The following is a sample of past events presented by the Center for German and European Studies:
Reconfigurating gender within the Tablighi Jama'at in the Gambia
April 22, 2009
Marloes Janson is the 2009 visiting lecturer from the DAAD at Brandeis University. This lecture was the eighth Annual Saler Lecture in Religious Studies. Janson talked about the role of men and women of the Tablighi Jama'at in the Gambia. Over the years, the Tablighi Jama'at has expanded into what is the largest Islamic movement of contemporary times. Despite its enormous influence, scholars have paid almost not attention to the movement in subh-Saharan Africa. The lecture was attended by numerous students and faculty. At the end of the lecture students and faculty fielded questions and a reception was held.
Behind the Iron Curtain
April 6, 2009
Brandeis was proud to host two of the most prolific young European authors, Attila Bartis and Clemens Meyer, for a reading on a Monday evening. Despite the rain, students and faculty attended the personal reading of the author's latest works. Clemens Meyer read a couple of pages in German and the first chapter of a new translation from his book "As we were dreaming" (Als wir traeumten). Attila Bartis was assisted by Steve Dowden in a reading of this smash hit "Tranquility," in Hungarian and English. In all, it was a very entertaining event as all attended could very well see how these literary mavericks are shaking up the European literature scene.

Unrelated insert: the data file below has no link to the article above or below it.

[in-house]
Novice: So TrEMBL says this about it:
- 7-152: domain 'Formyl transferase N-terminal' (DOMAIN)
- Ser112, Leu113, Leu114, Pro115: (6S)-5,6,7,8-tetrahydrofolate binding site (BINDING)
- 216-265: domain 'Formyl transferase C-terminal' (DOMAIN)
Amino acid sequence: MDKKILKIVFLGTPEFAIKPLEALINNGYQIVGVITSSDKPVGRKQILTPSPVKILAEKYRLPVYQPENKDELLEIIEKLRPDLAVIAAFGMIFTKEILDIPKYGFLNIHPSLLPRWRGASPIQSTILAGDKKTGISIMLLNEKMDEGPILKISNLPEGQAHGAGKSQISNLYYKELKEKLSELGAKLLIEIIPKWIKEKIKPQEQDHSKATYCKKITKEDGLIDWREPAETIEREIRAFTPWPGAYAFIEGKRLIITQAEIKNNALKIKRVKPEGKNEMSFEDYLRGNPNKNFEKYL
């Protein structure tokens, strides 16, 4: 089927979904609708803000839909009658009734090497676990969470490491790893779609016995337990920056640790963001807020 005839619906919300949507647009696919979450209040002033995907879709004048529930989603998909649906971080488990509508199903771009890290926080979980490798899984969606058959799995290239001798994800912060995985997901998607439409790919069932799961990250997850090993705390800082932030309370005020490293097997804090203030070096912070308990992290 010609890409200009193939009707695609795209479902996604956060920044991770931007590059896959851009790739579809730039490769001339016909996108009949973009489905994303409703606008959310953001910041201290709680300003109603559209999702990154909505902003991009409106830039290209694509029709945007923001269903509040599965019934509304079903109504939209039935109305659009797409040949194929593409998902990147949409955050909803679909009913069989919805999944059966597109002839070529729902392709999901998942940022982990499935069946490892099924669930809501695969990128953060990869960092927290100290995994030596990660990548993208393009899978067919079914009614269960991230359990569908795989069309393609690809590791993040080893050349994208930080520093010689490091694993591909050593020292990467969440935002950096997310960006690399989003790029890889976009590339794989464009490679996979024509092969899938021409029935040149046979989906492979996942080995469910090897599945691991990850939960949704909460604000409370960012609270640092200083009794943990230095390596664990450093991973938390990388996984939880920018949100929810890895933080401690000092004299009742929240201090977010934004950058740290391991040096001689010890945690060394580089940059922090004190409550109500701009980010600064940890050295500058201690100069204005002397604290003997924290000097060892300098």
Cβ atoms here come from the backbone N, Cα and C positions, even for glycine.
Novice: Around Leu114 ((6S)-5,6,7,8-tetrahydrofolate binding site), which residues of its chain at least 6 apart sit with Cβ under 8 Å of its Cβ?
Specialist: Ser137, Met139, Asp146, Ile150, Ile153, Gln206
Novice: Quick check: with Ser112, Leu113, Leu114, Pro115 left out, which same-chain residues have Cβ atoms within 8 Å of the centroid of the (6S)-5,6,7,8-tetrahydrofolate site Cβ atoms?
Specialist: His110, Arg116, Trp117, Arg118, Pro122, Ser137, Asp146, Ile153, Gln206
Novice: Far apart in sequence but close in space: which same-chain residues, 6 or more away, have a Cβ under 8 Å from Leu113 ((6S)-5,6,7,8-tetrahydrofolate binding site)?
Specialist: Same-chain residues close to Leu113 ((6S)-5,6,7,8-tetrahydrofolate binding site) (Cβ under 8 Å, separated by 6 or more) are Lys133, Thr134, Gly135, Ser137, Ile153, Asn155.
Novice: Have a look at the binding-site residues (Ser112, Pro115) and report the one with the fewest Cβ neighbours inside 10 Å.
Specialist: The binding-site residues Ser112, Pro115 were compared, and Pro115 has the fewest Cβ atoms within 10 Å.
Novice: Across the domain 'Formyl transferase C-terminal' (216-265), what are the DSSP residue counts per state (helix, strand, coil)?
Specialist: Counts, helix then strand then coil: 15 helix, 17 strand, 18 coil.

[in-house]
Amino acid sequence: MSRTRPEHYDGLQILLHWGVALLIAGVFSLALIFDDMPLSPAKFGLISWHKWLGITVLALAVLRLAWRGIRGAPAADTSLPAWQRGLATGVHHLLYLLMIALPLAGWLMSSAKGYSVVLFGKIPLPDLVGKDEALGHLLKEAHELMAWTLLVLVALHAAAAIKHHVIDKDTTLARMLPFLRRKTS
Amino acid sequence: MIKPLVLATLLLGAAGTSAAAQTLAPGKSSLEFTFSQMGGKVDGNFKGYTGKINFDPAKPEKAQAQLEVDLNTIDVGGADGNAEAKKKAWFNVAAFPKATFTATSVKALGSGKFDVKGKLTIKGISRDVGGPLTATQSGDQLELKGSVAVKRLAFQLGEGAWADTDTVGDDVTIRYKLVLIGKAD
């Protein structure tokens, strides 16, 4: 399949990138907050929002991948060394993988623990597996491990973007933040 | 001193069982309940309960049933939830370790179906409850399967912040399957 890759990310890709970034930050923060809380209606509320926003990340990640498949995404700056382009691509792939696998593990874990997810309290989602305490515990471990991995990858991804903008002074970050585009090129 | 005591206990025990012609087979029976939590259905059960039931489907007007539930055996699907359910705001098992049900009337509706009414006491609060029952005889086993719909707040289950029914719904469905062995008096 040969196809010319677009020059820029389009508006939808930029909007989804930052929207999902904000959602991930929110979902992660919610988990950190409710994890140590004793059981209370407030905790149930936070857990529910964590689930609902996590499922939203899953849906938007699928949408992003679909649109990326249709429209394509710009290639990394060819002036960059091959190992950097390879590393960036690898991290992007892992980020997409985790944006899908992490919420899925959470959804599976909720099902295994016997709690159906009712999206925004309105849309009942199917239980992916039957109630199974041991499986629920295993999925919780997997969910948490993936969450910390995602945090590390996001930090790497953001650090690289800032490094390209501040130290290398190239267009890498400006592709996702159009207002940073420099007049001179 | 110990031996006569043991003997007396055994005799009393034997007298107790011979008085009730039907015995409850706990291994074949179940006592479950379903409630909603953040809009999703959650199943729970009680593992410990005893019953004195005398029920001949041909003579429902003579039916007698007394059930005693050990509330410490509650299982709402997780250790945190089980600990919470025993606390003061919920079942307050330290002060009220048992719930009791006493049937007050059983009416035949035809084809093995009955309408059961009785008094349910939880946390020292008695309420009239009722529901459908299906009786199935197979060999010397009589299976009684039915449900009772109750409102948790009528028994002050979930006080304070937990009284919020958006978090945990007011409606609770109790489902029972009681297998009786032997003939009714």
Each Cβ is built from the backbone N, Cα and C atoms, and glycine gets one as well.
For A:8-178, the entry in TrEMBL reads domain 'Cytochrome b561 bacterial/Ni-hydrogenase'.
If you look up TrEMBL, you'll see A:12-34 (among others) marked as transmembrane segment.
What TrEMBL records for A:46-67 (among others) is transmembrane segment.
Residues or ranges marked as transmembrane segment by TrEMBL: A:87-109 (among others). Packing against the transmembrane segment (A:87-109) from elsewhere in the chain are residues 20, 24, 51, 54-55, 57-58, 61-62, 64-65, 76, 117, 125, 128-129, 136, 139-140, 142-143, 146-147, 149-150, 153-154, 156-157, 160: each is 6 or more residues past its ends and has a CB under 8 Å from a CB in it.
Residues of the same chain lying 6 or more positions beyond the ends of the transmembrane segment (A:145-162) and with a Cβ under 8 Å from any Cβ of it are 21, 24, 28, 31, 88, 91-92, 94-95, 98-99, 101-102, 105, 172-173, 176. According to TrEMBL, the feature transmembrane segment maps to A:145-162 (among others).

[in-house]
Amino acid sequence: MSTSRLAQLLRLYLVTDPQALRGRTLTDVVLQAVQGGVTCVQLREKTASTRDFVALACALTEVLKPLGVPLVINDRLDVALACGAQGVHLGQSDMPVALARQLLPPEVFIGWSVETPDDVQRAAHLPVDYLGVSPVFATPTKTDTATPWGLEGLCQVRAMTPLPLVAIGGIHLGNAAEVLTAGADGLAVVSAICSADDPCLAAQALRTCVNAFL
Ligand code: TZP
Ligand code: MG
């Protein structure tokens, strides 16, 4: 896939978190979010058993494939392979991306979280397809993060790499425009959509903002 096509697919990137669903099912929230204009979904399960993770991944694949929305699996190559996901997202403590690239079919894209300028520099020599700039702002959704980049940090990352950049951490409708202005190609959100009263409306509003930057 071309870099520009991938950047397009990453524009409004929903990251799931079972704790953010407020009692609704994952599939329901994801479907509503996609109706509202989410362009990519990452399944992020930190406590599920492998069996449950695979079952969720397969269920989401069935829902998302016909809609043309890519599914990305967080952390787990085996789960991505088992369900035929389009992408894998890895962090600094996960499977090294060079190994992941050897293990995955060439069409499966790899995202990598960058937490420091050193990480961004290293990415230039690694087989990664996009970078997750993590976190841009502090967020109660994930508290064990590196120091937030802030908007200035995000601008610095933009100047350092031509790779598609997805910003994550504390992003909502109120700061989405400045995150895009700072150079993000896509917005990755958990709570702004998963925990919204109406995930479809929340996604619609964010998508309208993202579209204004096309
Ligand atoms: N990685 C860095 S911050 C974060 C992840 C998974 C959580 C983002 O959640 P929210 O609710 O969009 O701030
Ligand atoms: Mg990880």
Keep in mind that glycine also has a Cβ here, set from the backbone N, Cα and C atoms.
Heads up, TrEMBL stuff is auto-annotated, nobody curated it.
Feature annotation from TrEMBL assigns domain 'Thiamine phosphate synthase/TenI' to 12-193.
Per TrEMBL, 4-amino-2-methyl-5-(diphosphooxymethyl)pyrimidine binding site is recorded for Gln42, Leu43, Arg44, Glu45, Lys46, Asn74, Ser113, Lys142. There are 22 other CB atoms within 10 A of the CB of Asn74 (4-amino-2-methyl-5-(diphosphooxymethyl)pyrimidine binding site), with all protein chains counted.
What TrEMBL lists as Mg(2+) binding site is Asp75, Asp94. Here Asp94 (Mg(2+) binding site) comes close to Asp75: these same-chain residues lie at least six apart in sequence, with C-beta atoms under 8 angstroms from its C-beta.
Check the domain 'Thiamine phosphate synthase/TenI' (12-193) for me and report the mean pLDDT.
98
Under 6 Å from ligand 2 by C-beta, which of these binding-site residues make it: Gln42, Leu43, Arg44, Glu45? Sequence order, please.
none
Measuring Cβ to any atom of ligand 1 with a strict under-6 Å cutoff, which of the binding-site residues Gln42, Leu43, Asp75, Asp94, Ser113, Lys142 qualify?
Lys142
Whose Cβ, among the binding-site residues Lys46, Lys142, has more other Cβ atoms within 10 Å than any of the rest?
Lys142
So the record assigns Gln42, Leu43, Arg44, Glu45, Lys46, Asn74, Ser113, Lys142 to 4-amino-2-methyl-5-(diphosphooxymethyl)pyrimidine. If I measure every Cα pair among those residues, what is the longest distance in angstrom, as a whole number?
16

Translating Europe: poetry reading and discussion
April 1, 2009
Born in Ankara in 1961, Zafer Senocak has been living in Germany since 1970, where he has become a leading voice in the German discussions on multiculturalism, national and cultural identity, and a mediator between Turkish and German culture. The widely published poet, essayist, journalist and editor has won several prestigious literary awards in Germany. Together with translator Elizabeth Oehlkers-Wright, they read from their new book of poetry, "Door Languages." Following the reading, attendants had a Q & A with Zafer Senocak about his poetry, the German-Turkish relationship and translation.
Between Rosenzweig and Benjamin
March 26, 2009
Donatella Di Cesare, professor at the University of Rome, visited with a group of people in the Heller School. The event was moderated by Stephen Dowden, chair of the Department for German, Russian, Asian Languages and Literature.
What's left of the left?
March 21, 2009
The conference was held in honor of George Ross, the Morris Hilquit Professor. The conference was attended by some of the leading minds in Leftish social and political thought. According to Ross, "Left" political parties have been the major pole of opposition in capitalist market societies and the bearers of "progressive" change since the industrial revolution.
Manhattan Transfer: Re-Evaluating the Impact of Exile on Theodor W. Adorno and Herbert Marcuse
March 17, 2009
The Center for German and European Studies and Harvard University Press presented two new books about Theodor Adorno, one of the most important philosophers and social critics of the postwar period. The presentation was by authors Thomas P. Wheatland and Detlev Claussen.
"Climate Wars" (Klima Kriege)
March 6, 2009
How are governments dealing with the increasing threat of global warming?
What are they doing to prevent a global climate crisis in the face of the financial meltdown?
What are the structural changes necessary for governments to tackle the climate issues?
Where lie the threats and opportunities?